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Romantic Weltliteratur of the Western World

Edited By Agnieszka Gutthy

Romantic Weltliteratur of the Western World is a collection of essays that examine Romantic literature and art from Europe and America. Since Goethe coined the concept of Weltliteratur, scholarly interest in comparative, global, and transnational literary and cultural studies has only continued to grow. Intended to complement existing scholarship, the essays in this volume offer a variety of critical approaches to Romantic literature and explore the dialogic component of different literary works as well as their transnational intertextualities.

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6. Illusions of Certainty: Reconsidering the 1821 Anonymous Translation of Goethe’s Faustus (Carrie Busby)


6. Illusions of Certainty: Reconsidering the 1821 Anonymous Translation of Goethe’s Faustus

Carrie Busby

Scholars Frederick Burwick and James C. McKusick maintain that Samuel Taylor Coleridge translated the 1821 anonymous edition of Johann Wolfgang von Goethe’s Faustus. However, no one has produced definitive evidence yet to support their hypothesis. What does exist in support of the attribution to Coleridge is convincing speculation based in part on qualitative findings from notebooks, letters, and records of negotiations with publishers as well as quantitative conclusions drawn from stylometry.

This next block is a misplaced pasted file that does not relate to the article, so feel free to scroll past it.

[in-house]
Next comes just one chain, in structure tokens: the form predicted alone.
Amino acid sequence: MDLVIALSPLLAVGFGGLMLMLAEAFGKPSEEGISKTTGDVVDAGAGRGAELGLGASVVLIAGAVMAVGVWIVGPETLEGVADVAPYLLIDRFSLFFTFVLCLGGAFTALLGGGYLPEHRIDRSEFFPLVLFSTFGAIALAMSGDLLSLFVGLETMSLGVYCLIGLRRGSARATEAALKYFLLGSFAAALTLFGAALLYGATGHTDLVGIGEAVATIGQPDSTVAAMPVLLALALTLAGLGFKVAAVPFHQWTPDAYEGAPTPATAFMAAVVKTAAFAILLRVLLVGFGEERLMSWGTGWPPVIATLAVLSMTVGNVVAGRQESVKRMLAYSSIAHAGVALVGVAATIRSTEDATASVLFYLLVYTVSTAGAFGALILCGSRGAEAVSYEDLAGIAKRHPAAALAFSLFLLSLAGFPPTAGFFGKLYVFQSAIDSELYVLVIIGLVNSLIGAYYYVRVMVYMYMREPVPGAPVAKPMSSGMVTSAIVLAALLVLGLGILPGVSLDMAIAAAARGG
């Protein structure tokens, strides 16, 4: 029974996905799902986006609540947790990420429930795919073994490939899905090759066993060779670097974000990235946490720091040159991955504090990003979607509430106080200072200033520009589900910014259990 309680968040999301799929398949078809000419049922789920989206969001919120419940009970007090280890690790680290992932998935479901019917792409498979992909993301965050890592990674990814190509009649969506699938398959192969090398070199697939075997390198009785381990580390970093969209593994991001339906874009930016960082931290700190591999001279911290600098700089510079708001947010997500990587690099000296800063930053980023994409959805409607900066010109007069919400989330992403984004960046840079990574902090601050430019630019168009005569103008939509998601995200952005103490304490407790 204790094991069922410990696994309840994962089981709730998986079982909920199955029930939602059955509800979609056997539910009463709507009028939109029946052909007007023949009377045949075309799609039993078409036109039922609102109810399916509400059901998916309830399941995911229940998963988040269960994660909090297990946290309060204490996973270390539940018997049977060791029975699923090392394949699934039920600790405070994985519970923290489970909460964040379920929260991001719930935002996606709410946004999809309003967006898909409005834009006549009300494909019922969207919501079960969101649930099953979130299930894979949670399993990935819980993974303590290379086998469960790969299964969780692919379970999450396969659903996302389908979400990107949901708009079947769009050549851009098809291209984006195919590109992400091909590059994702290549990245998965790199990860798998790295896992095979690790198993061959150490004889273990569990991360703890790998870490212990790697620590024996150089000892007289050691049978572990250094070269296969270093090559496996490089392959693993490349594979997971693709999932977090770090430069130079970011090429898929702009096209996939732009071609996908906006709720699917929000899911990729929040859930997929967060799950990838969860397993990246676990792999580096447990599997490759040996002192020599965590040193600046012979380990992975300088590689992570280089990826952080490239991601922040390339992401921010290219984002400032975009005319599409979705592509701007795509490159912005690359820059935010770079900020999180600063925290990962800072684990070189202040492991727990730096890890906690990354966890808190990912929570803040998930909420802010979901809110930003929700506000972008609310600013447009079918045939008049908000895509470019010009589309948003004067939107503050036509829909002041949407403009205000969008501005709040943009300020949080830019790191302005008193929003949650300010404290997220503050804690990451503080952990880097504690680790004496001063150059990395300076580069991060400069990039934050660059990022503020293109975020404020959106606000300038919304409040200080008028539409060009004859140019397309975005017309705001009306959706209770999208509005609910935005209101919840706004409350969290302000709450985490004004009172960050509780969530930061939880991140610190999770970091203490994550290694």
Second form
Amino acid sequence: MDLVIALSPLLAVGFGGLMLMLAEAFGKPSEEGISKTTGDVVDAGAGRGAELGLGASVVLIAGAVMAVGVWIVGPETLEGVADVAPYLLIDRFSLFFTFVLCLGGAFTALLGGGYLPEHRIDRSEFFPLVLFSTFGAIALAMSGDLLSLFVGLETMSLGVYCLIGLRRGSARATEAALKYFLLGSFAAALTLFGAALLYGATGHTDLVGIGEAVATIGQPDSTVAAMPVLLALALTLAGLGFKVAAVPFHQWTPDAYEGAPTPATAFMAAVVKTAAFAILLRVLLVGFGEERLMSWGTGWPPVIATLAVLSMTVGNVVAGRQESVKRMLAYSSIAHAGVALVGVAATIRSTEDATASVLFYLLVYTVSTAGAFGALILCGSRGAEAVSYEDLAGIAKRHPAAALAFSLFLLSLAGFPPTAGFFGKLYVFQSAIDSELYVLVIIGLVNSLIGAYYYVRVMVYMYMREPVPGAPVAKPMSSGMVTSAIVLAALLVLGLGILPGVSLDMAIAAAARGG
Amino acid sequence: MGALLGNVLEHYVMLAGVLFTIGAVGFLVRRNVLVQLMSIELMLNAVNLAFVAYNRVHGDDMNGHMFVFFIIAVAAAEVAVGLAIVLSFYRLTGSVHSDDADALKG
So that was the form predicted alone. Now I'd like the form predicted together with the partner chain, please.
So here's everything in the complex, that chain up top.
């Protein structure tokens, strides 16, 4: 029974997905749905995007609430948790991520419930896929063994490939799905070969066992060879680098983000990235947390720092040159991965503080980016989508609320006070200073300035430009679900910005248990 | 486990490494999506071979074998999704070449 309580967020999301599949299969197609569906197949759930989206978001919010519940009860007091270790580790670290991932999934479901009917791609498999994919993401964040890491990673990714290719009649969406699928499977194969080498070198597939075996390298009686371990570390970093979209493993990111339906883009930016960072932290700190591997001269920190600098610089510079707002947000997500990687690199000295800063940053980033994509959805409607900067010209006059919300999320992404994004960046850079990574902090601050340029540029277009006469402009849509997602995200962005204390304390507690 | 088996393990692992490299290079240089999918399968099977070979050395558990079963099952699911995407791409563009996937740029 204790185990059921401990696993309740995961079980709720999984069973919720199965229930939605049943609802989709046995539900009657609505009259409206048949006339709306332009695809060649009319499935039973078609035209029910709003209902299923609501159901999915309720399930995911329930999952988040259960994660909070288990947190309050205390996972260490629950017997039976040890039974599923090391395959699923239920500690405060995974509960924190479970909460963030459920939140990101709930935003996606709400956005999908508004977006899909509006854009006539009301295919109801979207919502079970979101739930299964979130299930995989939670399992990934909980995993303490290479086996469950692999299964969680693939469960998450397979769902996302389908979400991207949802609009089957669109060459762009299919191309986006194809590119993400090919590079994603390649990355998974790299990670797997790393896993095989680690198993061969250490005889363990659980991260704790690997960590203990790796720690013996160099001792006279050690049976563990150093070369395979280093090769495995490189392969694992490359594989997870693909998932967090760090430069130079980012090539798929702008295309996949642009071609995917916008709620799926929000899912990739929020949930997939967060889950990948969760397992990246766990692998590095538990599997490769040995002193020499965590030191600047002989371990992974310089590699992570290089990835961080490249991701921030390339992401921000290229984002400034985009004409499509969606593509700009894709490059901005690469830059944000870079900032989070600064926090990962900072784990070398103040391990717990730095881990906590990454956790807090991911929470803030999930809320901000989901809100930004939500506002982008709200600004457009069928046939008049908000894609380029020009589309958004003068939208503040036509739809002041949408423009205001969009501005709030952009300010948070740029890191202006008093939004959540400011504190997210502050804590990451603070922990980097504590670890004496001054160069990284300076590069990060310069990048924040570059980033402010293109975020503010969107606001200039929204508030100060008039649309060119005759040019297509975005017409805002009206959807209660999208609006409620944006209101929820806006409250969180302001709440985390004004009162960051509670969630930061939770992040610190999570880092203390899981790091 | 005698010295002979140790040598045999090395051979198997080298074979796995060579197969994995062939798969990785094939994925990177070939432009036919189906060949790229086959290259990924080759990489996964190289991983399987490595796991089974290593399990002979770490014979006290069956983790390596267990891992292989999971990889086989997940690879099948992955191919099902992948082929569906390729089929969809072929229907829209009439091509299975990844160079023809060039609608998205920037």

Stylometry, or stylometric analysis, is employed in authorship attribution. This quantitative methodology is cognitive science-based, and using it, attribution scholars can “weigh, measure and number what remains of an author’s familiar style—or idiolect—in a text or in a canon” (Petersen 147). In practice, the methodology considers non-contextual “function words,” which “serve as useful indicators of an author’s unconscious stylistic preferences while writing on any topic,” and these “words are conjunctions, prepositions, and articles that have little meaning by themselves but are used to define relationships between content words in a sentence” (Gill and Swartz 3665; emphasis original). Historically, stylometric analysis has enabled attribution scholars to “restore the human author to the written text” on an analysis of “idiosyncratic style-markers” (Petersen 147–48). Some contend that authorial “[s]tyle is …a rather nebulous concept” (Erdman and Fogel 9). Others express concerns about the role computers should play in literary analysis and attribution. Alison Finch in “The...

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